Pollstar INT’L: Indie Venues Forgo Merch Cut Under Enormous Financial Pressure

Guitarist and vocalist Jonny Hall of English hardcore punk group Heck performing live on the merch table at The Fleece in Bristol – one of the UK’s many independent venues with a zero-commission policy when it comes to the band’s merch. | Photo by Joby Sessions /Total Guitar Magazine / Future / Getty Images

In the beginning of this year, the UK’s Featured Artists Coalition (FAC) launched the 100% Venues directory, which lists venues that don’t charge artists a commission on merch sales. Almost 450 independent venues in the UK have signed up at press time to support artists in their post-COVID recovery. It’s a remarkable commitment, seeing that most independent venues are struggling themselves after having transitioned from a period with no or heavily restricted events to a period of inflationary costs on all fronts. It is also proof of the relationship between independent venues and artists, which FAC CEO David Martin described as “one of the most important partnerships in the music ecosystem.”

Recent press coverage suggested that a lot of independent venues only recently committed to this campaign, making it sound as if artists had demanded it in light of the price hikes. But the reality is, hardly any grassroots venue in the UK ever charged a merch commission. According to data from UK’s Music Venues Trust, which its CEO and founder Mark Davyd shared with Pollstar, “it was a tiny percentage, less than 2%, and those are all either slightly bigger or run in a very specific way as charities with tax liabilities etc., which required them to do it. The truth in our sector is that the campaign has simply thrown a light on how good the grassroots venues already were at this stuff.”

This chimes with what Pollstar has been hearing from the grassroots venues sector. Paul Smith, promoter at New Cross Live, who works with multiple indie venues and handles bookings at the New Cross Inn London, said, “Venues that take a percentage of merch should give artists a percentage of the bar, or do the decent thing and stop. Personally, I’d never be associated with a venue that would even entertain the idea of merch cuts.”

Nina Jackson, music and venue manager of The Half Moon in Putney, added, “We have never charged merch commission here, we just ask artists to bring their own seller. If we organize someone to sell for them, we just ask them to pay that person directly, usually around £10-£15 per hour.”

James Mckeown, head programmer at Brighton’s Concorde2, said, “Concorde2 has never charged a merch commission to any touring artists as it’s our belief that this is a completely unethical practice.” Chris Sharp, owner and director of The Fleece in Bristol, said, “As a venue owner as well as a touring band member I have always taken the position that charging bands a commission on their merch sales is totally unacceptable. Since I took over ownership of The Fleece in 2010, we have had a zero commission policy.”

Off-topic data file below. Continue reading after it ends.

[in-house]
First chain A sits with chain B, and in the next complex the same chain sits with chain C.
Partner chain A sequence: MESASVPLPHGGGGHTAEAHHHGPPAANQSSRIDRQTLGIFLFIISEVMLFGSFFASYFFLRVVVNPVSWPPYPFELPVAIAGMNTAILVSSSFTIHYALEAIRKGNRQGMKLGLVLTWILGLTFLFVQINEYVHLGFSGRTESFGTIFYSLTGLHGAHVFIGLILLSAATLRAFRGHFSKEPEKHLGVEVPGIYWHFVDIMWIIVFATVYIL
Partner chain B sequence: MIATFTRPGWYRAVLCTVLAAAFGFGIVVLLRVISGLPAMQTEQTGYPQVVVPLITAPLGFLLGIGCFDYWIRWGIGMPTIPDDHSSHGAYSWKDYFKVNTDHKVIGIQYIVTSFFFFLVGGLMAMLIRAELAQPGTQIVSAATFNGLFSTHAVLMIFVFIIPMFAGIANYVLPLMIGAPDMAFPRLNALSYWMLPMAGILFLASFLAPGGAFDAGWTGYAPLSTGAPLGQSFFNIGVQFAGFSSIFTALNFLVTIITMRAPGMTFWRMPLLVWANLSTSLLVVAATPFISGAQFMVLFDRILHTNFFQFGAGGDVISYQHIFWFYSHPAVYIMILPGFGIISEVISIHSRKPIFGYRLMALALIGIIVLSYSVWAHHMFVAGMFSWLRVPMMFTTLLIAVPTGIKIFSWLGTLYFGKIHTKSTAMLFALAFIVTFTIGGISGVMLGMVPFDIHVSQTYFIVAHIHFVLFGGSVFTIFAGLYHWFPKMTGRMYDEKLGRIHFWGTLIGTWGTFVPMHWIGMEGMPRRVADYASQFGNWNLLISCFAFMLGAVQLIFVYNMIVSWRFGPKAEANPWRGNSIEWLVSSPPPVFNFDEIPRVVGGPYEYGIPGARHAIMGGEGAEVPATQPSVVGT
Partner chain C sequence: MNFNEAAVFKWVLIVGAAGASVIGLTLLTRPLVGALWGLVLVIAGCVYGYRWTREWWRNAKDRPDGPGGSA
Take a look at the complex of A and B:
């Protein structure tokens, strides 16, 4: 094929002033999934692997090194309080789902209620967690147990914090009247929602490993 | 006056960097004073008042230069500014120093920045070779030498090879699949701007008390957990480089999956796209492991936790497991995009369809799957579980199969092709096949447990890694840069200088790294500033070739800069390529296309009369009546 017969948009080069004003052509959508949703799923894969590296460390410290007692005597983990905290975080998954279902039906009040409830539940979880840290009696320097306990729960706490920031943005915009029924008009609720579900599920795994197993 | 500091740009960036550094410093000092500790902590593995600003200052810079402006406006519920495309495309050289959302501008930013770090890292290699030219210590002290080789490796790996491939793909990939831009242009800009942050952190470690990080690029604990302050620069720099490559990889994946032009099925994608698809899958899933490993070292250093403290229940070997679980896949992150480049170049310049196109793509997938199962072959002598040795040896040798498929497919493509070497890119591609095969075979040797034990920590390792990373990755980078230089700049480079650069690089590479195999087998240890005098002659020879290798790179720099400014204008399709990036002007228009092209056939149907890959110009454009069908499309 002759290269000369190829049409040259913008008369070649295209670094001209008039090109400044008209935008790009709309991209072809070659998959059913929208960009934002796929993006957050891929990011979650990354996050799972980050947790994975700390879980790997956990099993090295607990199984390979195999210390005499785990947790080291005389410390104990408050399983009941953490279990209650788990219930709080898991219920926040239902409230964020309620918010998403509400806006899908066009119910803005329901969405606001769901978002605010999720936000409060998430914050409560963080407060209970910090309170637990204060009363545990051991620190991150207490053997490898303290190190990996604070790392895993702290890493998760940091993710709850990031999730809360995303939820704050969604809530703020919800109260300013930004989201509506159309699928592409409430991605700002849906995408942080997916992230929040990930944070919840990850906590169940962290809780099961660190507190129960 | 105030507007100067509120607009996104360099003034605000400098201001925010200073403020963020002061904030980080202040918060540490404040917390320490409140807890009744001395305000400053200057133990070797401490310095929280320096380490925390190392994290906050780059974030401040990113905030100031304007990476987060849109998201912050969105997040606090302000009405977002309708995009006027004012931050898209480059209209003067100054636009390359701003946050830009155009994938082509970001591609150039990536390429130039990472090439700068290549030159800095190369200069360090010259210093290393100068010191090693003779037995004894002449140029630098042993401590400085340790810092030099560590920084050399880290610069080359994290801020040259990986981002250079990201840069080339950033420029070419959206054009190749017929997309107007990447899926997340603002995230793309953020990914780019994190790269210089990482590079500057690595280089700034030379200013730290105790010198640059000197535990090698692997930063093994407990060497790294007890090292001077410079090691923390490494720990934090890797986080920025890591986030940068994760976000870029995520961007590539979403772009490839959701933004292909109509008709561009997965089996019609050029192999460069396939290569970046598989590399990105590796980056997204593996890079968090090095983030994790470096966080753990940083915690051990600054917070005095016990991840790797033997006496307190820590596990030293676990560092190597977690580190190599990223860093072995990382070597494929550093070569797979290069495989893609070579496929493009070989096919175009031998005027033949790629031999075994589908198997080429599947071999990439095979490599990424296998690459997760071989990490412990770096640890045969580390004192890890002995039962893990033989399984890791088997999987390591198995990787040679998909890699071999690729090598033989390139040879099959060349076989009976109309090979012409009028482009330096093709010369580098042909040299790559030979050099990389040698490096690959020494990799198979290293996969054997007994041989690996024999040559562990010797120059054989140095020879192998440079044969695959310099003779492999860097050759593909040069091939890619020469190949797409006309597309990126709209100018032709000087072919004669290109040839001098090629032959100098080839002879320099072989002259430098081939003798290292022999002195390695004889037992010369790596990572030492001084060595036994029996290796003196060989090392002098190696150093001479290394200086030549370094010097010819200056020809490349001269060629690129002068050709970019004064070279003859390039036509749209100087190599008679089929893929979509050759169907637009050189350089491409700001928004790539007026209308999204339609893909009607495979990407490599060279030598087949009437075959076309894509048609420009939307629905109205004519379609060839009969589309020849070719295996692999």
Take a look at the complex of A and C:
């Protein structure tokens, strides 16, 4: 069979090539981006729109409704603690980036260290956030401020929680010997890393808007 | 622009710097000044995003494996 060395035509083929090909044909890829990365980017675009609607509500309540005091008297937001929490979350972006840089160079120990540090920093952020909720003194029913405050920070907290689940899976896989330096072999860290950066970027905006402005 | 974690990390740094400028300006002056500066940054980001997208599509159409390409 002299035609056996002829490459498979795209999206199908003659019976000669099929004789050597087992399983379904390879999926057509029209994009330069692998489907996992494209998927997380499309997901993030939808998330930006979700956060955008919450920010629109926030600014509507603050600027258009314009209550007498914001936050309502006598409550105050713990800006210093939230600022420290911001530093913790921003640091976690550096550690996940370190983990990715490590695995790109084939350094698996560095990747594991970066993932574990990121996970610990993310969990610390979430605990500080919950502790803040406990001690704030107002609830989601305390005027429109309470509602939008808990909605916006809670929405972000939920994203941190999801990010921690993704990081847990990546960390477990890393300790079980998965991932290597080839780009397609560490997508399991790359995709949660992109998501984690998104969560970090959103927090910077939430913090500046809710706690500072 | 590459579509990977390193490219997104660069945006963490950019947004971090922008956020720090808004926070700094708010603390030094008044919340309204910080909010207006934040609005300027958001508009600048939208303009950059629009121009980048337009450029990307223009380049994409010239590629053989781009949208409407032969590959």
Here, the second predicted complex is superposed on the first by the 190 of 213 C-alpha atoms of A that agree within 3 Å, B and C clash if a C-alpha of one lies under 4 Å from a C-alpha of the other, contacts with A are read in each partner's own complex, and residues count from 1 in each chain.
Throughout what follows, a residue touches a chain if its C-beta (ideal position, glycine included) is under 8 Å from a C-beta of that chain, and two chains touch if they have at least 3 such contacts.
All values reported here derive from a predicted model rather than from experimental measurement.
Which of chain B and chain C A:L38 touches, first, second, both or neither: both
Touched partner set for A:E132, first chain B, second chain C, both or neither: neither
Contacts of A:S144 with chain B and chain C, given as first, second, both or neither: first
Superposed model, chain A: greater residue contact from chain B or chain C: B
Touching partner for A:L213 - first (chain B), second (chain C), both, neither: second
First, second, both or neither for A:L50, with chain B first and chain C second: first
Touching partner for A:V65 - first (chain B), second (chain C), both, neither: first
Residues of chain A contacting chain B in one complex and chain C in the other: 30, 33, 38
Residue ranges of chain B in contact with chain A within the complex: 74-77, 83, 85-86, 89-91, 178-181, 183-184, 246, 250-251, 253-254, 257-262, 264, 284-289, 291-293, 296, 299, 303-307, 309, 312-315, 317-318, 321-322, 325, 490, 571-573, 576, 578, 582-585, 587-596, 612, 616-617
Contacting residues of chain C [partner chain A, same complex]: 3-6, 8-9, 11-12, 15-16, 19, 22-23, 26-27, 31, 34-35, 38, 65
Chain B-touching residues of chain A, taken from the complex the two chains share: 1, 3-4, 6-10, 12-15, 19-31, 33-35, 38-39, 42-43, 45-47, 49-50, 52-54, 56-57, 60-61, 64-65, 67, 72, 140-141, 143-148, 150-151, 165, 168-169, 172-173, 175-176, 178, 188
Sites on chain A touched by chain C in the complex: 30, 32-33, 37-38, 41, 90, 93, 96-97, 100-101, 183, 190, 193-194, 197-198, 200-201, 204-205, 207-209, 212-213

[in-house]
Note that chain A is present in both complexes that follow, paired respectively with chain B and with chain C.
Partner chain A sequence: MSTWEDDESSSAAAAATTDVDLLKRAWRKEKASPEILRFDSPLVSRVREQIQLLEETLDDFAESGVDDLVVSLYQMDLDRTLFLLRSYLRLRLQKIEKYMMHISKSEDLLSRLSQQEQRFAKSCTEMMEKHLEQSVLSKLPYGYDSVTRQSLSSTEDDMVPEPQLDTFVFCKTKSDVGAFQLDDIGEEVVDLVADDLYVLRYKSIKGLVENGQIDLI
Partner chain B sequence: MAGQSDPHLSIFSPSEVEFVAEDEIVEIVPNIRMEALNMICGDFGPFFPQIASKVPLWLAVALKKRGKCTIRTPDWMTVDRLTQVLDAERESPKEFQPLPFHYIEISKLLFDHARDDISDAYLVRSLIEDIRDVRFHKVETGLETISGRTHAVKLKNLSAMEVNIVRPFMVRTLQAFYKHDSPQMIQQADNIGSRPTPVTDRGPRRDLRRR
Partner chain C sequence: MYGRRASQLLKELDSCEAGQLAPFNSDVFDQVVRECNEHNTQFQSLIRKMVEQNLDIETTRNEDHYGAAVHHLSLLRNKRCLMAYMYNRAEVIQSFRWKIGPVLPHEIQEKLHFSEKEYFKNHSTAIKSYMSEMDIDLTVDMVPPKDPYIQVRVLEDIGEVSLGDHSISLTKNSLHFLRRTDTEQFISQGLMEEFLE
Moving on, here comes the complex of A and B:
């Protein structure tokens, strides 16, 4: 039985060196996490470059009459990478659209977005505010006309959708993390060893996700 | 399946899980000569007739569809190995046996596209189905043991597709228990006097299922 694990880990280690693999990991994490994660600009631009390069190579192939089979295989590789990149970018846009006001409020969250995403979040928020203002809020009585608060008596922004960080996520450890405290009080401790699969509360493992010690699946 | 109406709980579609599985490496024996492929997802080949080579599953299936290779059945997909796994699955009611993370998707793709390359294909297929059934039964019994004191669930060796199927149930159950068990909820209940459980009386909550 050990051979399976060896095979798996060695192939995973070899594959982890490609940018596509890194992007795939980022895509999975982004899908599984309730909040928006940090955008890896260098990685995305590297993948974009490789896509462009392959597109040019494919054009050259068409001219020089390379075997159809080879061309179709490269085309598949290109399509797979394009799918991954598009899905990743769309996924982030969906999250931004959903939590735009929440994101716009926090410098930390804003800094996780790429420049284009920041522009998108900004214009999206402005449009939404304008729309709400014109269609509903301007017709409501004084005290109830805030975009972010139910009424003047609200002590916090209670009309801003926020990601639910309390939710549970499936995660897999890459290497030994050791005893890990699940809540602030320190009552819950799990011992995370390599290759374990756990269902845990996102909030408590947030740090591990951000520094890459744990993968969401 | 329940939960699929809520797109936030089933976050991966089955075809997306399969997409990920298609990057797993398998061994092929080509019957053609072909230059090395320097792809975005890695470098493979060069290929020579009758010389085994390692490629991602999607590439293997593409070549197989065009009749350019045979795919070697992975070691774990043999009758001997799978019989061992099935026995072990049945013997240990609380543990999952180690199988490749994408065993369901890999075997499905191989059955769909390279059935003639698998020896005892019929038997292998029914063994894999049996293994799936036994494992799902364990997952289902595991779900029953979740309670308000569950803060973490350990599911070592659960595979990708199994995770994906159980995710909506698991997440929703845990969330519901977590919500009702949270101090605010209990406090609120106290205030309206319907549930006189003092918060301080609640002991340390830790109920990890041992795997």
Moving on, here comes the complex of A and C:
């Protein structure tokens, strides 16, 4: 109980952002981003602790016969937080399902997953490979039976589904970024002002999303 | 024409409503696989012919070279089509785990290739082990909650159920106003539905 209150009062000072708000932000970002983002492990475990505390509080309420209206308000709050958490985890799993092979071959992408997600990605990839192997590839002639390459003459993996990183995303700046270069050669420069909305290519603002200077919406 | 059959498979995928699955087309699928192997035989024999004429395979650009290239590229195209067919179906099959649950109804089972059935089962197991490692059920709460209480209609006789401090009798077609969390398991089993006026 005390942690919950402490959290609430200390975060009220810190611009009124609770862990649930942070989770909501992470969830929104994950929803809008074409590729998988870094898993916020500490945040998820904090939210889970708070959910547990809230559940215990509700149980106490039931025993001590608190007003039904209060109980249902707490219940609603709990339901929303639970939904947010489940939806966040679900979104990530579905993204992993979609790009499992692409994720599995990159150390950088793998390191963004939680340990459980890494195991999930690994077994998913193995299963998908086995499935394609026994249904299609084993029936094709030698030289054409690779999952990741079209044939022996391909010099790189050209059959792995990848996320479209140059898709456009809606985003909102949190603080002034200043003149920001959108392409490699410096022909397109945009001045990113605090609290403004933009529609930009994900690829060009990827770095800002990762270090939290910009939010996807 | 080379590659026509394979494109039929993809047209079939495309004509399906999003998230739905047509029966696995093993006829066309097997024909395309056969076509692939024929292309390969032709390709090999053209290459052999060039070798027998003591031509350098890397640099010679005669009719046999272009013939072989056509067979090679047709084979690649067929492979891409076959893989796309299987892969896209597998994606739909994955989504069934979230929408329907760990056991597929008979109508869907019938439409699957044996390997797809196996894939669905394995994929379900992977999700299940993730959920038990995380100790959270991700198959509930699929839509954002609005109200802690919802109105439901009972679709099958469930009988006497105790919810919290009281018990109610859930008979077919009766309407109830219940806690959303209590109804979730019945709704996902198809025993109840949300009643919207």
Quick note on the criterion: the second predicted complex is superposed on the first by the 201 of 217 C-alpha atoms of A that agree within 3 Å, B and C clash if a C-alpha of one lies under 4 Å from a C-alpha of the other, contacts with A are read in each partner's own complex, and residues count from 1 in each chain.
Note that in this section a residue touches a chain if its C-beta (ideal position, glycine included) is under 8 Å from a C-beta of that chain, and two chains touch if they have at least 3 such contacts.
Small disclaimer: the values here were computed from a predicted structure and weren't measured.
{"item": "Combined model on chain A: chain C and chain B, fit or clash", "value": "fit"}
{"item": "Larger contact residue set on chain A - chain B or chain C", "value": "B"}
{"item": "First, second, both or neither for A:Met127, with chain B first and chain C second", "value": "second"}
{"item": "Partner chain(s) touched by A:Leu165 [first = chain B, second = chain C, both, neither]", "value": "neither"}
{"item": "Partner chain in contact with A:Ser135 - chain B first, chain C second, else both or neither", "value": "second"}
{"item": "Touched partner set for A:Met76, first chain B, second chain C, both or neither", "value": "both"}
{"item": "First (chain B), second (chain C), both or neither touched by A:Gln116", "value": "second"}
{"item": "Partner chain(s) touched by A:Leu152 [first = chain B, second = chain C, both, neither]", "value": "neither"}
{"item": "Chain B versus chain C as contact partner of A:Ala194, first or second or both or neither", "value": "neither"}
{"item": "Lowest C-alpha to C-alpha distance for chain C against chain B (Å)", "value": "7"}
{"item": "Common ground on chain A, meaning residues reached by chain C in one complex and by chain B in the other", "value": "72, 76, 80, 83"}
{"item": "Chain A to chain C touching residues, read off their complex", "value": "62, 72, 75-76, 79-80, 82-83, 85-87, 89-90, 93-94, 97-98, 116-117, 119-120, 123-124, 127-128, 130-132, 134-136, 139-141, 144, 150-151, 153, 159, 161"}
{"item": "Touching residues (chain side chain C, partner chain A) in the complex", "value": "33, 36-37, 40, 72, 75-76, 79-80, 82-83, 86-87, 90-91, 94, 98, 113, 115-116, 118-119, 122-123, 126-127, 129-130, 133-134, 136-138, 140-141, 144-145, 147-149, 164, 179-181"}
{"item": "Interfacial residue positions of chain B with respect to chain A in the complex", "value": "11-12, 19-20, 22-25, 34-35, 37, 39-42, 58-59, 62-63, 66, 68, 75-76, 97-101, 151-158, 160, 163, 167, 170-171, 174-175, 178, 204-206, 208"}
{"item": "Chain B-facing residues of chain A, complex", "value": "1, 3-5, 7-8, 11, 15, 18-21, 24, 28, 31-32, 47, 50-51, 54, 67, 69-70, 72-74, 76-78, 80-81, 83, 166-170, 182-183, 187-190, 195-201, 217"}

They all confirmed that charging commission on merchandise was common practice at bigger, corporate-run venues, such as the Academy Music Group as well as a lot of Arts Council-funded and local council-operated venues. Pollstar didn’t hear back from Academy Music Group at press time, but received feedback from Eddie Shelter, senior producer of music at the Barbican Arts Centre in London, who said, “We used to charge 20% commission to artists for merch sales. We decided to change this to zero commission about five years ago and lost around £20,000 [$24,000] per annum income. Our shop agreed to take the hit and has explored ways in which to maximize revenue in other areas of the business.”

Shelter explained why the Barbican changed its stance five years ago: “We felt that, on balance, with the increasing touring costs and expenses facing the types of artists we worked with, it wasn’t sustainable to continue charging commission on the relatively modest merch sales income received by the artists. We felt that by making a stand, we could lead the way in encouraging other like venues or others in the industry to follow suit. We want to stand in solidarity with the artists we worked with to support them as best we can.”

Such a move is commendable in times when independent venues are struggling to make ends meet. Energy costs went through the roof across Europe and the UK. Davyd said price increases faced by MVT member venues ranged from 156% to 646%, with an average of 322%, based on feedback from 52 venues at press time.

“Every venue in our network will ultimately face a rise, it is just a question of when; some are locked into prices through to July next year, others are already in the eye of the storm,” he explained. Sybil Bell, founder of Independent Venue Week, said, “Everyone’s still operating under enormous financial pressure due a range of other factors, from the cost-of-living crisis and rampant inflation to the ongoing uncertainties around Brexit. It’s one of the reasons why we recently launched our Independent Venue Community initiative, encouraging more venues to open their doors in the daytime and expand their customer base through new types of programming.”